Average annual house price growth across the 56 markets covered by the Knight Frank Global House Price Index slowed to 3.6% in the 12 months to the end of the first quarter of 2023.

Looking at the time horizon, it appears that house prices are rising at the “slowest annual pace” since the third quarter of 2015”, they conclude in a statement sent to newsrooms. The rise in house prices globally has thus come down from the recent peak of 11.1% recorded in the first quarter of 2022 (last 12 months), when global markets were expanding in the aftermath of the pandemic.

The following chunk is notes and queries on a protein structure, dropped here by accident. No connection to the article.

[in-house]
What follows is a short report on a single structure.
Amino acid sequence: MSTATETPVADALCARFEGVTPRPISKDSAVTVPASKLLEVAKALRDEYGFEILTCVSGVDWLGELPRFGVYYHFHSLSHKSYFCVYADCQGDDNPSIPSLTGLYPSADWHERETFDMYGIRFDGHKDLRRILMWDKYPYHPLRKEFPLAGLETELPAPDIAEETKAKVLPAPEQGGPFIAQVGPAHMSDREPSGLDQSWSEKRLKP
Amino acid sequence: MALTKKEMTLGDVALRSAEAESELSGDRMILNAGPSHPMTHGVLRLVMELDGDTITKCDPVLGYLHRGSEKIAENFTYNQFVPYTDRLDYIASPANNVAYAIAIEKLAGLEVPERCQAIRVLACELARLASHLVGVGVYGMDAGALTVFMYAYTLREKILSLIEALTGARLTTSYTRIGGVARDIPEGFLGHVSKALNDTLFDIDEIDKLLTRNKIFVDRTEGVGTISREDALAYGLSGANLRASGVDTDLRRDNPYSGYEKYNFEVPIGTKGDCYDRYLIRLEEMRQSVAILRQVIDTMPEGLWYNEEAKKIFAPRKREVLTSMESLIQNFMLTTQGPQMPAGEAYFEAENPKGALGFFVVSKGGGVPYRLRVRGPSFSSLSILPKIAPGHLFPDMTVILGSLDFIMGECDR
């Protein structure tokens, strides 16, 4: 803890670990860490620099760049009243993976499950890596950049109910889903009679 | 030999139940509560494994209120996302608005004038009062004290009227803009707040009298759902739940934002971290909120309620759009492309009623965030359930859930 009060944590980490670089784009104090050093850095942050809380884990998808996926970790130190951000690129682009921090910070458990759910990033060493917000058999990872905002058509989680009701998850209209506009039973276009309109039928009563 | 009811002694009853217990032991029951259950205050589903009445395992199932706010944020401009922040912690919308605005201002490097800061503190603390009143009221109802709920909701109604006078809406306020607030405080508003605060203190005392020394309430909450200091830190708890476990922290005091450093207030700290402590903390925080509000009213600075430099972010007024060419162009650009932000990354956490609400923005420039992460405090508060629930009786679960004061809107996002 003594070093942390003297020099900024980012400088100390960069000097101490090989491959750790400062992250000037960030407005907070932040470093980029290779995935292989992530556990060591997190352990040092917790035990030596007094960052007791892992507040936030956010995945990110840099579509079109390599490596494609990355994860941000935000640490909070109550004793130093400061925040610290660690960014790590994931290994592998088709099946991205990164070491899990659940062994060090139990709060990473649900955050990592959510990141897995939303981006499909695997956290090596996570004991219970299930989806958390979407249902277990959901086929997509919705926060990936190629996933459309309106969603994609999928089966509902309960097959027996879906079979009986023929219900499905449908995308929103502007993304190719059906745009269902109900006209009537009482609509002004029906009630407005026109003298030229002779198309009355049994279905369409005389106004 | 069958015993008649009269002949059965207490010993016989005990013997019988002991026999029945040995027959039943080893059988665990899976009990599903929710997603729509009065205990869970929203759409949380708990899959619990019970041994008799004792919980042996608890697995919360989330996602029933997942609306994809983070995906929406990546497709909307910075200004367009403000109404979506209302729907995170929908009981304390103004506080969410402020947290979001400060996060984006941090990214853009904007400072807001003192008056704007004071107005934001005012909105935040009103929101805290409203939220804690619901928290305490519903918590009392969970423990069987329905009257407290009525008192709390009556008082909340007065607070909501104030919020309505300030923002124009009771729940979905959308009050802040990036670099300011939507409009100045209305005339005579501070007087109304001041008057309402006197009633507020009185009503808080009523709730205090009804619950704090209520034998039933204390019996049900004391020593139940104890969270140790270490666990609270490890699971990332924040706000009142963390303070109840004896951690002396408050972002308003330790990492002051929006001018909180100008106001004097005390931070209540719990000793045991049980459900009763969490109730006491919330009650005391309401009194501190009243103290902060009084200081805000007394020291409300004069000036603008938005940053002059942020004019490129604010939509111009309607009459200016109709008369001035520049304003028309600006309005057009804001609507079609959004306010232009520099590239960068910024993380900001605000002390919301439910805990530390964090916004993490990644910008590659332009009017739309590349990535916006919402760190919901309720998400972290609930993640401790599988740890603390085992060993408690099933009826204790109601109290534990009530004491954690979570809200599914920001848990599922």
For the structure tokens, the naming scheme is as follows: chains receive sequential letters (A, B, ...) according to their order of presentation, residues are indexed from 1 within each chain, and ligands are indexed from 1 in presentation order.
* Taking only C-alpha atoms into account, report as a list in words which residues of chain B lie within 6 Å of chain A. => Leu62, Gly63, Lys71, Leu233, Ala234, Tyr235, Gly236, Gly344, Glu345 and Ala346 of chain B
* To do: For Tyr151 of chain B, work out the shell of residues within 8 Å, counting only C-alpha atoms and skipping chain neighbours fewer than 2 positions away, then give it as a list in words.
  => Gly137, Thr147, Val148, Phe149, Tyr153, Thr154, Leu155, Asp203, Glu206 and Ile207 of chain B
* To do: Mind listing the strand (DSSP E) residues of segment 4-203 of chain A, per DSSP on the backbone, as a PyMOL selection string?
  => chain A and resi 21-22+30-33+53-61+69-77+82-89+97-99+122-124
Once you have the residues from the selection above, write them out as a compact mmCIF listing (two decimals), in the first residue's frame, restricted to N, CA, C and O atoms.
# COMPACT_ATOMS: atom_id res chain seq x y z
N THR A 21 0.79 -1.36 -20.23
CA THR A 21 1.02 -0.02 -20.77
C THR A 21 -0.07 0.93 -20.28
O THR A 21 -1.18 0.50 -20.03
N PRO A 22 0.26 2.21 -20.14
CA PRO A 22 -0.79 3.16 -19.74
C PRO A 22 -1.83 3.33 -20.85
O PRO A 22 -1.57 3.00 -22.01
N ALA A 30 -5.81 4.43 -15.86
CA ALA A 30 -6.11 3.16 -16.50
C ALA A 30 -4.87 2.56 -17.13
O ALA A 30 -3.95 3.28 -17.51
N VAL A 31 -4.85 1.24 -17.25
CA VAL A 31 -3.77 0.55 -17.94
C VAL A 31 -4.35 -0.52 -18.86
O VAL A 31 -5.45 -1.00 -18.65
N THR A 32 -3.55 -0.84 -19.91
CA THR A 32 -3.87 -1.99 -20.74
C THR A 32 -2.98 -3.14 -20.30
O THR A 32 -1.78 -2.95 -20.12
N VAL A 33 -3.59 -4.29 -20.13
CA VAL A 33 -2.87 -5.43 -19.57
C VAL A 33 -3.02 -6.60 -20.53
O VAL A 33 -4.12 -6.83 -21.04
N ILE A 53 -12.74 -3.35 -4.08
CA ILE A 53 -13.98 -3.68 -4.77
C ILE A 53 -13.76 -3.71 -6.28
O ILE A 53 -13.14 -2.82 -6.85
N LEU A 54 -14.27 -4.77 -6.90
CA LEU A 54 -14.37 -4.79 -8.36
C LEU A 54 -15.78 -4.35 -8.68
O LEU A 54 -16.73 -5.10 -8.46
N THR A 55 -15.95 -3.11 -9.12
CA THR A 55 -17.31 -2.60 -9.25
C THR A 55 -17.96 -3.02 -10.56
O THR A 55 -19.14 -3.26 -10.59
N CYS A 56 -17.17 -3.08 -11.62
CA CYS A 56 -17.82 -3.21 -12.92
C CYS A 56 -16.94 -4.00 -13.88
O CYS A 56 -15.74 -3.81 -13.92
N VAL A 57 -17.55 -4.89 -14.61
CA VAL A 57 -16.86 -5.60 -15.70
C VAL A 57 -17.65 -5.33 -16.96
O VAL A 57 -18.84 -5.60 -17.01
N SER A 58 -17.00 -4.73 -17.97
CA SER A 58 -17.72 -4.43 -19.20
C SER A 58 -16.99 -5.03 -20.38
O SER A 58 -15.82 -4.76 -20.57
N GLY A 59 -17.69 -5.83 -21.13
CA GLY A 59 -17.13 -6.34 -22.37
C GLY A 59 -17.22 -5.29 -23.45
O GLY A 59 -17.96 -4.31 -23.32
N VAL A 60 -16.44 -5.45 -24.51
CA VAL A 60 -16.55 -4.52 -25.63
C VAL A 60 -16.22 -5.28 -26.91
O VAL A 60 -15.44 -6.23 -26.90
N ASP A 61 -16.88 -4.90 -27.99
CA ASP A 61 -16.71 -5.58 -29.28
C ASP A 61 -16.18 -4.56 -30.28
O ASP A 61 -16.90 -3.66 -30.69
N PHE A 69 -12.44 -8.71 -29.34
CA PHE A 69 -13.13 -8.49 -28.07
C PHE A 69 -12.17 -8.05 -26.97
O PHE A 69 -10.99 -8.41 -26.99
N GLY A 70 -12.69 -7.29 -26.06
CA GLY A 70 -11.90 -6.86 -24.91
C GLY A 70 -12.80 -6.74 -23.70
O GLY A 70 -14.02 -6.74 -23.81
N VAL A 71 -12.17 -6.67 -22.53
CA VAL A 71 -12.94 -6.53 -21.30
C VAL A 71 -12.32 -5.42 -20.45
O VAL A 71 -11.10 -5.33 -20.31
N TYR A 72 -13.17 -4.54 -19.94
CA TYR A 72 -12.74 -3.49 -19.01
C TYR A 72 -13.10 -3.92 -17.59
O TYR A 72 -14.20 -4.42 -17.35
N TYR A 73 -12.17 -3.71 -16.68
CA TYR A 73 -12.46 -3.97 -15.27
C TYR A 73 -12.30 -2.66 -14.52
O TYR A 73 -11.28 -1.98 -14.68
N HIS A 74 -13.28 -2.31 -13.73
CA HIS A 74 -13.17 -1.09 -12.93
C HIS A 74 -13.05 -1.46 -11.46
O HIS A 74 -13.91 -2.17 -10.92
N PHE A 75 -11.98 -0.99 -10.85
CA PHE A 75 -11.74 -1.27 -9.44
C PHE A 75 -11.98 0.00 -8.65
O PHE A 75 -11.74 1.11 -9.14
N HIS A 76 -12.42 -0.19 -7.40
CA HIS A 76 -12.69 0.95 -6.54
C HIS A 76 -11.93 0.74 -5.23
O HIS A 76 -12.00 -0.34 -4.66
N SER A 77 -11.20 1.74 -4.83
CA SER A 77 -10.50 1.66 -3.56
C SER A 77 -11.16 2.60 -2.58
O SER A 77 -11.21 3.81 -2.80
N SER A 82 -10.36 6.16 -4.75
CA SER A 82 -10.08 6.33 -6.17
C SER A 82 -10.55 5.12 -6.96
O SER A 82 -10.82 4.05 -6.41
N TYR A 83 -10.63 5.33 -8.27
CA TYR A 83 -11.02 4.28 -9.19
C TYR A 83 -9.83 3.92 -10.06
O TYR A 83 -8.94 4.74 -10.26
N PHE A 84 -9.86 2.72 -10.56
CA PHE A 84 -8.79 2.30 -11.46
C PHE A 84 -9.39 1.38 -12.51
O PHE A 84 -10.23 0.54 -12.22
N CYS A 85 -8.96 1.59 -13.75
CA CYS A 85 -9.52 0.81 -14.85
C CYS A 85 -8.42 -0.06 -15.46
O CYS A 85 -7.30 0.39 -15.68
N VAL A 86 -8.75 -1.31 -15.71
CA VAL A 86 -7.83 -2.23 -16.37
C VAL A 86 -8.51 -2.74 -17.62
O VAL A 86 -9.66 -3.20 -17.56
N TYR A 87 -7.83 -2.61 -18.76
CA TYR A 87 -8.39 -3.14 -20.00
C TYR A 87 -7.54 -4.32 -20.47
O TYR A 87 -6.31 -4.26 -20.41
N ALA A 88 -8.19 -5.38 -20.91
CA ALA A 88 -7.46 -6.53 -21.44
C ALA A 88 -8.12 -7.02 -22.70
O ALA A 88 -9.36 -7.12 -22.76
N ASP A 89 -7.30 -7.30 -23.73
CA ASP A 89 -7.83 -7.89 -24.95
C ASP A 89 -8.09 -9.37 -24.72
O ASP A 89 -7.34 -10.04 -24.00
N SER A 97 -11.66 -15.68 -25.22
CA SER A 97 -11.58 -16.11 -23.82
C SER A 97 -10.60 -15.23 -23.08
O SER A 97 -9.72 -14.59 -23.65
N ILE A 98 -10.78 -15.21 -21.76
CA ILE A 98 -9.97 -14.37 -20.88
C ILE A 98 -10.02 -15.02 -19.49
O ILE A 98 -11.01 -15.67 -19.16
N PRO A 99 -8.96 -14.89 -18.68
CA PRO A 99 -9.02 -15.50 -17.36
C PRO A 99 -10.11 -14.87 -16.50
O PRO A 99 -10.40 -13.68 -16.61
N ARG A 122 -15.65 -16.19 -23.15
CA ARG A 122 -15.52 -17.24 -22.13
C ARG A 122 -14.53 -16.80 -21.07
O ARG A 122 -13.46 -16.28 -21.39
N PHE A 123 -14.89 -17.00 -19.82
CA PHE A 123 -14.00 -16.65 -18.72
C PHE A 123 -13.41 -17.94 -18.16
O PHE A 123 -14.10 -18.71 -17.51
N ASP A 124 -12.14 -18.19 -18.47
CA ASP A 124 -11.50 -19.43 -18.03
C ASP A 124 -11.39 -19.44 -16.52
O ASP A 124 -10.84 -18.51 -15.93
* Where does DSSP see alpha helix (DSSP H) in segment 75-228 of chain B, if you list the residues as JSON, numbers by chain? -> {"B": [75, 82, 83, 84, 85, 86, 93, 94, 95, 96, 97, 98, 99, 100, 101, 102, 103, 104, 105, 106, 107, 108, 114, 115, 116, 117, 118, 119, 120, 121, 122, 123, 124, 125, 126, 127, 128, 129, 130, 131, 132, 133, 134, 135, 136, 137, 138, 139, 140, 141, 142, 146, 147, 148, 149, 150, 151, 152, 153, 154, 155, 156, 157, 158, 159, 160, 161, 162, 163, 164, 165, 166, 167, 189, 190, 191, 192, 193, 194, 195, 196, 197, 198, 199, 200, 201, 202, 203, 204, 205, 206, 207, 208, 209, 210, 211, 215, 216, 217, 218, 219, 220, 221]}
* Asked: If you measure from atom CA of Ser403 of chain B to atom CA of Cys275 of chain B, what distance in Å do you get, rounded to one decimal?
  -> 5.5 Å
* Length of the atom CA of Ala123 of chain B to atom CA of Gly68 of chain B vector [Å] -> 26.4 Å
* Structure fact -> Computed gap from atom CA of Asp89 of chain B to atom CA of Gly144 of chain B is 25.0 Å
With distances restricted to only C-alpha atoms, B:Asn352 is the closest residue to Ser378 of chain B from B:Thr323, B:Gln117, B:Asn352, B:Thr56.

Analysing data for the last year ending in the first quarter of 2023, it appears that house prices have risen in most countries (in 39 of the 56 analysed). In the first place is Turkey, where prices rose 132.8%, as a result of “galloping inflation”. The top 3 with the biggest rises in house prices are rounded off with North Macedonia (18.8%) and Croatia (17.3%).

Portugal appears in the top 10 of the index of markets where prices have grown the most in the last year (11.4%). In other southern European countries, however, house prices rose at a much slower pace: Spain (3.1%) and Italy (1.1%).

What also stands out is that house prices have fallen in 17 countries around the world, eight of which have contracted more than 5%, with South Korea (-15.7%), New Zealand (-13%), Hong Kong (-10.3%) and Sweden (-8.8%) leading the declines.